Viral video uploader who accused brothers of being lovers apologises

Viral video uploader who accused brothers of being lovers apologises
PHOTO: Instagram/Agus_bunyu

Sri Mulyani, who uploaded a video of two brothers she accused of showing affection in public while riding a motorcycle, met with the brothers' family and apologised publicly for her behaviour.

"I am sorry for making a fuss on social media," she said on Tuesday night on her Facebook page.

Sri said she had met with a relative of the brothers on Monday. The relative showed that the two men were brothers by showing copies of their ID cards to Sri.

Sri used her Facebook account on Saturday to post a video of the brothers she accused of publicly displaying their affection.

In the video, Sri said: "Hey sir, please don't do that - respect my people," and a man who drove the motorcycle replied by saying the other was his brother.

The video was picked up by various social media accounts, as well as gossip fan page Mak Lambe Turah and news outlet tribunnews.com.

Sri has since deleted the video.

Robertus Robet, a sociologist from Jakarta State University, said in the age of information, there is a tendency for people to transgress others' right to privacy.

"Because the right to privacy is not [well-]respected in Indonesia, public display of affection between family members could easily be misunderstood," Robert told The Jakarta Post on Wednesday.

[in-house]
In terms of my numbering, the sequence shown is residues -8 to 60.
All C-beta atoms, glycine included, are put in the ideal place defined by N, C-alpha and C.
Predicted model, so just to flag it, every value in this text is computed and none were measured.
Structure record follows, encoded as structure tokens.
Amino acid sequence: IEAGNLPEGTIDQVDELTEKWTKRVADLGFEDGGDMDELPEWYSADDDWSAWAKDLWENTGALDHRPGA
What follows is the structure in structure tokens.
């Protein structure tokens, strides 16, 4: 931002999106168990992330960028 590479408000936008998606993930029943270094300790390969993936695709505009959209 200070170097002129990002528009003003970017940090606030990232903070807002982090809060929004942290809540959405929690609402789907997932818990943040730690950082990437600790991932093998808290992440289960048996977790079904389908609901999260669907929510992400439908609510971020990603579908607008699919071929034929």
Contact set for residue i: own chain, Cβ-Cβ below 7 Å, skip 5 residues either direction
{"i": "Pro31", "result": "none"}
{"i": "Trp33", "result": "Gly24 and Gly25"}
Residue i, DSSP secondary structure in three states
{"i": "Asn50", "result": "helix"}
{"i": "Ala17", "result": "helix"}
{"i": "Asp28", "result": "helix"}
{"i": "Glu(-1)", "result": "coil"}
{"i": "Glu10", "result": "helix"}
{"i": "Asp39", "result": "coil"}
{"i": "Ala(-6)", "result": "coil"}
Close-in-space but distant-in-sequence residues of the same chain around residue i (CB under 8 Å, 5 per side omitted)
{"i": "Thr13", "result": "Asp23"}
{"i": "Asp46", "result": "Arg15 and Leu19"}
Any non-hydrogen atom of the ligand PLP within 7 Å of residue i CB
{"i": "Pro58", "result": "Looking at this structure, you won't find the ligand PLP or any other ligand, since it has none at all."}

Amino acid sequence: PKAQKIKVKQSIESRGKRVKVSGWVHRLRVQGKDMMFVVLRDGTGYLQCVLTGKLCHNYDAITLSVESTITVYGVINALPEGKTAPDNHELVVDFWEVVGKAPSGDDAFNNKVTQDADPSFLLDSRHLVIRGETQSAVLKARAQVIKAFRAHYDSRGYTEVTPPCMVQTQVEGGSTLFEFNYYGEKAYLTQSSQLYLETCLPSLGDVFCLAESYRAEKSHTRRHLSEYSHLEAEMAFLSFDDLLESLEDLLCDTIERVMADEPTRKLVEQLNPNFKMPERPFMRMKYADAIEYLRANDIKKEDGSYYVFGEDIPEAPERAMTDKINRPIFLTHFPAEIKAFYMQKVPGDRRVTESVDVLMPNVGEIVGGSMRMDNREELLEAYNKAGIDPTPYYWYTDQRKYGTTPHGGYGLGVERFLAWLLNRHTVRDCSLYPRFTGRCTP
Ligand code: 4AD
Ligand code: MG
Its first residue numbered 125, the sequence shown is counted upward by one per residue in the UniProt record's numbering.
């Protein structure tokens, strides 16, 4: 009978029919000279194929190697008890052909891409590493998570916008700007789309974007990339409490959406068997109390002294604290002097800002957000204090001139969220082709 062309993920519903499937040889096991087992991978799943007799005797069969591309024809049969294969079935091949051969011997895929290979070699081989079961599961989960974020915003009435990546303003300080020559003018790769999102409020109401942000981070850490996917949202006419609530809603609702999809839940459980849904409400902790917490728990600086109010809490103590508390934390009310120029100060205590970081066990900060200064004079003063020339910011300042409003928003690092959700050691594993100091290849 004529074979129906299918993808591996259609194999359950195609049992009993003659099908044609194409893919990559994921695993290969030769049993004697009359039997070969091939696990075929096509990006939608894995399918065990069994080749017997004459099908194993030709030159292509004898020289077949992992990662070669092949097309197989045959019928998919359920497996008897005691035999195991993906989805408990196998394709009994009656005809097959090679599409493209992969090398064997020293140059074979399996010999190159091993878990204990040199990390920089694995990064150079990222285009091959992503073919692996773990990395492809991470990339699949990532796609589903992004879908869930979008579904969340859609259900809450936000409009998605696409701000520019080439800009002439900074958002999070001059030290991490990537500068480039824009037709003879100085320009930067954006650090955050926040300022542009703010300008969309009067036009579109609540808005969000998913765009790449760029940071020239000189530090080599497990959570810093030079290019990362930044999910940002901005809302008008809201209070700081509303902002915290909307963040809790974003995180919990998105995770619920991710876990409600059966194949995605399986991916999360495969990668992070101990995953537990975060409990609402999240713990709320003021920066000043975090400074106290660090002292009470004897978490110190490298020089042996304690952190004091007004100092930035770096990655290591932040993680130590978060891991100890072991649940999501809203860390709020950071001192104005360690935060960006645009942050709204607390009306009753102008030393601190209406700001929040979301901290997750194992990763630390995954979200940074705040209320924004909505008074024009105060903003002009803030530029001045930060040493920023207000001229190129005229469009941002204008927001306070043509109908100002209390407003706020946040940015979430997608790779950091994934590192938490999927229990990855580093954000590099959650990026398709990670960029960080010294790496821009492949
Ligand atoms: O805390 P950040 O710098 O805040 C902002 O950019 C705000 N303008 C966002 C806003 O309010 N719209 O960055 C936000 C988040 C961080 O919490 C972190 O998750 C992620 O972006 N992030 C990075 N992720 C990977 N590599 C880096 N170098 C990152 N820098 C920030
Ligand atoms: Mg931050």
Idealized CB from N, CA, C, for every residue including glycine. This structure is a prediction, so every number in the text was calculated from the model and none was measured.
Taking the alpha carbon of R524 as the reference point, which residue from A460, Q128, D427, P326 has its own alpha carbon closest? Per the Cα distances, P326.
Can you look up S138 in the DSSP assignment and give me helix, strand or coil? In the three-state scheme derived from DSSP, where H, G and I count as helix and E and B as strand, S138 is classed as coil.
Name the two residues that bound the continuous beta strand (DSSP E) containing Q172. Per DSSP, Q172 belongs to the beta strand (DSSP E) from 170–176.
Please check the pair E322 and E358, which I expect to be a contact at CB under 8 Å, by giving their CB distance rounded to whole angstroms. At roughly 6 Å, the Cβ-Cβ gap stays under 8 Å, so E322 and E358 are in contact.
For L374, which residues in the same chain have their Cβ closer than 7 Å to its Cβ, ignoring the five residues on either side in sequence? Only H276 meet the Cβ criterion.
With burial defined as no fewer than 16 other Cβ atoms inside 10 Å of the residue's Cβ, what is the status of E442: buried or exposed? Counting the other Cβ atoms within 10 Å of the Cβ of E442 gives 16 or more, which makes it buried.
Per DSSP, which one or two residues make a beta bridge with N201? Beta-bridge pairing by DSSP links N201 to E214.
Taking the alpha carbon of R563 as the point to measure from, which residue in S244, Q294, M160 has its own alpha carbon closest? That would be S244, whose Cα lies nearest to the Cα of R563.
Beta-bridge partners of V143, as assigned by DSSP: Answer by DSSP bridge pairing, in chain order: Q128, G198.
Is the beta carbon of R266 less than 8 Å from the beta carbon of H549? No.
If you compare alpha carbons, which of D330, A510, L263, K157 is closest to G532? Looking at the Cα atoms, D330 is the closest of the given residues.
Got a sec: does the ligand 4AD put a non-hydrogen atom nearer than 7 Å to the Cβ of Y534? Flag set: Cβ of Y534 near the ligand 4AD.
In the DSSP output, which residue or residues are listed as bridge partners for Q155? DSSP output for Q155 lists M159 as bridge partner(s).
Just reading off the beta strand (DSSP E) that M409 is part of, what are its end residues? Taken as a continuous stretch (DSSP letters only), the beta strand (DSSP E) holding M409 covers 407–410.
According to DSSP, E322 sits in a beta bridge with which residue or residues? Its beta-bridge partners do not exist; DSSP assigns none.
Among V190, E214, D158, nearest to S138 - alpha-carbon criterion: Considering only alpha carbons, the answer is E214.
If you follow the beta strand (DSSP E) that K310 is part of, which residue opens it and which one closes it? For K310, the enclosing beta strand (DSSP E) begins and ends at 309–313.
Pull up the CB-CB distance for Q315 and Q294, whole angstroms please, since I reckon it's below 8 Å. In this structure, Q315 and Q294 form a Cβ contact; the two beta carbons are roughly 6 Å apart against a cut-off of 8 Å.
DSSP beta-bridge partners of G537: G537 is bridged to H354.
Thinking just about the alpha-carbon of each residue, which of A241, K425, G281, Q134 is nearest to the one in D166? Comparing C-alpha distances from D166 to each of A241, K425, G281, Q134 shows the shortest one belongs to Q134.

He said people took advantage by exposing private videos on social media and using a moral pretext to justify their actions.

"Communitarianism is very strong in our society, which is evident in gossip, public judgment and mass persecution," he added.

Mamik Sri Supatmi, a criminologist at the University of Indonesia, said there was no justification for anyone who bullied people for showing affection in public to each other.

"Public display of affection is not a crime," she said.

Mamik added that if what was seen was violence, then it was the responsibility of witnesses to intervene to protect the victim and end the violence.

"It is dangerous if a member of society feels that he [or she] has the right to be the moral police," she said.

On her Facebook account, Sri said it was a lesson for her to be more careful when using social media and urged everyone who shared the video to delete it.

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